And just like earlier makers, those of contemporary Glasgow are curious, inventive, innovatory, interdisciplinary. Continually learning as they make, they often have their feet in the past – respecting local manufacturing traditions, and heritage skills – but their faces are turned outward towards the future. These are people who understand their place in their local creative economy but are also able to envisage what they do in terms of a much bigger global picture. They are women as well as men, immigrants as much as native Scots, people of colour, not just white people.
In their small scale, and focus on specialised in-house processing, Glasgow’s contemporary makers undoubtedly share much more with the eighteenth-century atelier economy than with the city’s more recent heritage of heavy industry and manufacturing. Discovering that outsourcing might provide only inadequate solutions to the manufacturing conundrums that they face, companies like fresh-fruit soda producers, Rapscallion, have discovered innovative ways of carrying out a range of different processes in-house, developing their products around systems of completely vertical manufacturing. For many Glasgow making businesses, the craft processes involved in what they do are highly specialised, but rapid prototyping, and the ability to produce things efficiently at small scale, makes the work of making creatively rewarding, as well as resulting in individual hand-made objects that are beautifully bespoke.
Spectacle frame producers, Banton Frameworks, and watchmakers, AnOrdain, are rightly proud to be craft businesses that celebrate “old crafts” alongside their own “new hands”, breathing vital contemporary life into specialised areas of Scottish manufacturing that had virtually expired.
Like the workshops of eighteenth-century Glasgow, today’s creative ateliers are spaces where learning takes place alongside making. Spin Pottery’s Leah Blackburn shares her skills with local professionals who like to throw pots to relax, while Downie Allison Downie hosts popular classes exploring the heritage craft of bookbinding while continuing the bindery’s day-to-day commercial work. There’s a strong sense of the joining-up of creative education with useful skills: so many of the makers featured in these pages were able to find their feet as small businesspeople after studying product design, weaving or carpentry at local institutions.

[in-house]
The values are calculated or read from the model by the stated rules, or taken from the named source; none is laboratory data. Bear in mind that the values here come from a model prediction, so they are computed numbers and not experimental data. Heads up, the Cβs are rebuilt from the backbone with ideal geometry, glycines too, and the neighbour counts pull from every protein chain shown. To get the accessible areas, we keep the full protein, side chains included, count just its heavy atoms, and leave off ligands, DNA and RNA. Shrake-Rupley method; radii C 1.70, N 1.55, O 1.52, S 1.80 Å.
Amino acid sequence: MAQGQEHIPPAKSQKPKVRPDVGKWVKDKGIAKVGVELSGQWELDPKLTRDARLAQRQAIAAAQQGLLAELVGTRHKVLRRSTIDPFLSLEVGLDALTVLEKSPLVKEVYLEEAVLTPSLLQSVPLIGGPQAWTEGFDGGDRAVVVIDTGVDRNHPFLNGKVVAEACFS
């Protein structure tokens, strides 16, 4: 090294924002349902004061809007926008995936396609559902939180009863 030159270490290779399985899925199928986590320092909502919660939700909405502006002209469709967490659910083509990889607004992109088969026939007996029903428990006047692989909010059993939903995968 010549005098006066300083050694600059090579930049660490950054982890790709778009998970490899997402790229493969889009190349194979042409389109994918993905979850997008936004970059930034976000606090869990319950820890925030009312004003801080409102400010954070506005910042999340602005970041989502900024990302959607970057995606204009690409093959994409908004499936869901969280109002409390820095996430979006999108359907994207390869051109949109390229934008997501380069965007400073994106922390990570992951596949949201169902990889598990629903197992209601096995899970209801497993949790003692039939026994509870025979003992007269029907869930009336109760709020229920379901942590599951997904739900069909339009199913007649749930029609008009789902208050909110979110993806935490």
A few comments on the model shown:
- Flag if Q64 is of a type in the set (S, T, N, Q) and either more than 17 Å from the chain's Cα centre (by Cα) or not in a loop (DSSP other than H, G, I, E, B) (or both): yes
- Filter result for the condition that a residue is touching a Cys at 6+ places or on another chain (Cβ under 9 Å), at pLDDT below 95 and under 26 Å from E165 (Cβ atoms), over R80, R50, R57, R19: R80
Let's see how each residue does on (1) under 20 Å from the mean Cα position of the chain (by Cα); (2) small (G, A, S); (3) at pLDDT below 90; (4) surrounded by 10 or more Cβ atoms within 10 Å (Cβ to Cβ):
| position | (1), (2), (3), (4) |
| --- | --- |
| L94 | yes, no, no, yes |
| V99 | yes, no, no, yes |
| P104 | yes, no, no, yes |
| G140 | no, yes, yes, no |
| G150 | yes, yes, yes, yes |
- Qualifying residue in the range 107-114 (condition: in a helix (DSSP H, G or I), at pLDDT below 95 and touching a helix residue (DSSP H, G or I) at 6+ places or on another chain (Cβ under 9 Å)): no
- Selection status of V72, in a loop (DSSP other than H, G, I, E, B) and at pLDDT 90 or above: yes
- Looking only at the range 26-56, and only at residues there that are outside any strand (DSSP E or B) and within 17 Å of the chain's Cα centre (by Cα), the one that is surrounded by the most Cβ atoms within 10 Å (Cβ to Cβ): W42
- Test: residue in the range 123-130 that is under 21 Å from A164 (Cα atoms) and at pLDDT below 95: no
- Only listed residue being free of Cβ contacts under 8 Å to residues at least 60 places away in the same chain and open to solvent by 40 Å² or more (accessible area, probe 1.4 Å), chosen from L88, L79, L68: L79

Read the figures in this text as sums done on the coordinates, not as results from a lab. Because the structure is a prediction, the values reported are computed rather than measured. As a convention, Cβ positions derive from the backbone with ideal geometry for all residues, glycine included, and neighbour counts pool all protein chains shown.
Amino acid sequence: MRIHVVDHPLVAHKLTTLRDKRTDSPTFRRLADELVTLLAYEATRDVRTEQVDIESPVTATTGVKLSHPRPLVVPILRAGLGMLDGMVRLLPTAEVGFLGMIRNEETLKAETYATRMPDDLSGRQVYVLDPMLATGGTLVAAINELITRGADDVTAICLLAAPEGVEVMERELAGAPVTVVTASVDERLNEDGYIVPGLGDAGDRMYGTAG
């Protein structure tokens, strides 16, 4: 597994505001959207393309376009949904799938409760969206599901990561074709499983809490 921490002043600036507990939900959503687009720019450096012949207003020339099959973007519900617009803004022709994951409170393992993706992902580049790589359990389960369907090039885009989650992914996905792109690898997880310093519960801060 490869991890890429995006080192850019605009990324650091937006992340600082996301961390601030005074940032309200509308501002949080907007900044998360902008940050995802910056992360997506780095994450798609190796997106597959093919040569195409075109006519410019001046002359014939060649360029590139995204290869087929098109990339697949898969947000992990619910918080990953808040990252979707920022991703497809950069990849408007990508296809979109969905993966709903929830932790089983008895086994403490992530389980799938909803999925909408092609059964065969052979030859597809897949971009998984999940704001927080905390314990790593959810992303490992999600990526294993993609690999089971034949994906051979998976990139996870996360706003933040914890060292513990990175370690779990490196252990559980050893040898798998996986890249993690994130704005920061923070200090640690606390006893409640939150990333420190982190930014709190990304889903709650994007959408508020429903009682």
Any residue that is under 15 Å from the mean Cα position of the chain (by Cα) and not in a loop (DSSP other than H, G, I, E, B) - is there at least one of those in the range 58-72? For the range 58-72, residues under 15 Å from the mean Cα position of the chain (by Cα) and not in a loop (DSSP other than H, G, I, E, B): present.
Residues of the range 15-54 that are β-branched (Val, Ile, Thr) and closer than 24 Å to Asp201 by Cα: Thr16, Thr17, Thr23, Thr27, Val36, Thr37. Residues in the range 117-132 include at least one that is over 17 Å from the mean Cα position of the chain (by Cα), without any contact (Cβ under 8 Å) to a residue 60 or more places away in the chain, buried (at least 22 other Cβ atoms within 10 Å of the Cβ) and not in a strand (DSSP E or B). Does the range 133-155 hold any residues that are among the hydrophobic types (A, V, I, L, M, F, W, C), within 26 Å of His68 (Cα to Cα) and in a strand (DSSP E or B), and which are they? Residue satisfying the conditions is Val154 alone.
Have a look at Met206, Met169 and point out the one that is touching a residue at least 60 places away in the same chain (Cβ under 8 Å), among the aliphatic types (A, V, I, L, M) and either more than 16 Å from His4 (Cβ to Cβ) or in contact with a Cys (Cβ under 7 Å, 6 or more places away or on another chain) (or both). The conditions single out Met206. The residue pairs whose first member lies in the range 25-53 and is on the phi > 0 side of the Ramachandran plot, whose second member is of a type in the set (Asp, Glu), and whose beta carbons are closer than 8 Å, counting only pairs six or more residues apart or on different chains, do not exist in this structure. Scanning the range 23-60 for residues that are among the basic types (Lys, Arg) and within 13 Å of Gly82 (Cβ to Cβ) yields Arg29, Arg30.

The inspiring women who make up the Harmony Row collective met at City of Glasgow College, for example; Glasgow Distillery’s young workforce is drawn from graduates of Heriot-Watt University’s Institute of Brewing and Distilling; while several employees of innovative wax-canvas bag makers, Trakke, studied garment production at Clyde College.
The work of an eighteenth-century tailor was often as much about recycling the fabric of old garments as it was the cutting of new cloth. Similarly, the repair and reuse of existing materials form the focus of many of Glasgow’s contemporary ateliers who champion the values of the circular economy. Reza Wood’s Ali Reza Fakourpoor produces hand-made furniture from up-cycled whisky barrels, while Siobhan McKenna (ReJean Denim) creates collections for her contemporary fashion brand from discarded denim that might otherwise end up in landfill.
Mending and finding a use for what’s already here are activities that feature centrally in the work of several Glasgow organisations whose business is, in a much wider sense, the re-making and repair of the city’s local communities.
While the members of the Jangling Space co-operative creatively transform the city’s built heritage into beautiful pieces of contemporary stained glass, volunteers at Repair Café Glasgow fix, darn and mend the city’s torn and broken objects. Rather than producing new things from scratch, the creative work of these Glasgow hands offers a powerful rejoinder to an unsustainable consumer culture based on built-in obsolescence.
Glasgow’s makers are interested in processes as well as products, in ideas as much as things. The innovative work of Deirdre Nelson uses stitch and textiles to lend communities a public voice, while Mariam Syed’s extraordinarily beautiful woven pieces mingle memories of the colourful streets of Karachi with her contemporary Glasgow landscape.
In a city that has, in so many different contexts, tended to over-emphasise the masculine, we find the thoughtful, intentional work of women like Deirdre, Mariam and Julie Arbuckle highly refreshing. Indeed, we’ve found it very inspiring to discover, through the process of making this book, the important work of enterprising young Glasgow women like Jen Stewart of design-led brand Nmarra, signpainter Rachel Millar, and the women of the Harmony Row Collective, who today have found their own places as skilled makers in trades long dominated by men.
Glasgow makers are certainly as diverse as their practices. As members of this city’s community of makers ourselves, we feel proud to celebrate the extraordinary creative skills of contemporary hairdresser, Gloria Onyekwere, alongside heritage craft practitioners like McCrostie.
This is a city where not-for-profit community enterprises sit alongside, and are often imbricated with, more commercial creative endeavours. Ethical coffee makers, Dear Green, supply the Barras’ brilliant Soul Food Sisters; Deirdre Nelson volunteers at the Repair Café: time and again while working on this project, we discovered that individual makers and businesses were not only personally known to one other as suppliers or co-collaborators, but were together part of an extraordinarily lively and completely informal creative network, which itself suggests something about how this city values social connection and interdependence.
The welcoming, supportive and enabling characteristics of Glasgow as a creative place were repeatedly remarked upon by the people we met and interviewed for People Make Glasgow. They were also the characteristics of Jim Bamford – the inspiring teacher, brilliant photographer and quintessentially Glaswegian maker – to whose memory this book is dedicated.
People MAKE Glasgow: Portrait of a Creative City
Photography by Tom Barr
Words by Kate Davies
Interviews by Sam Kilday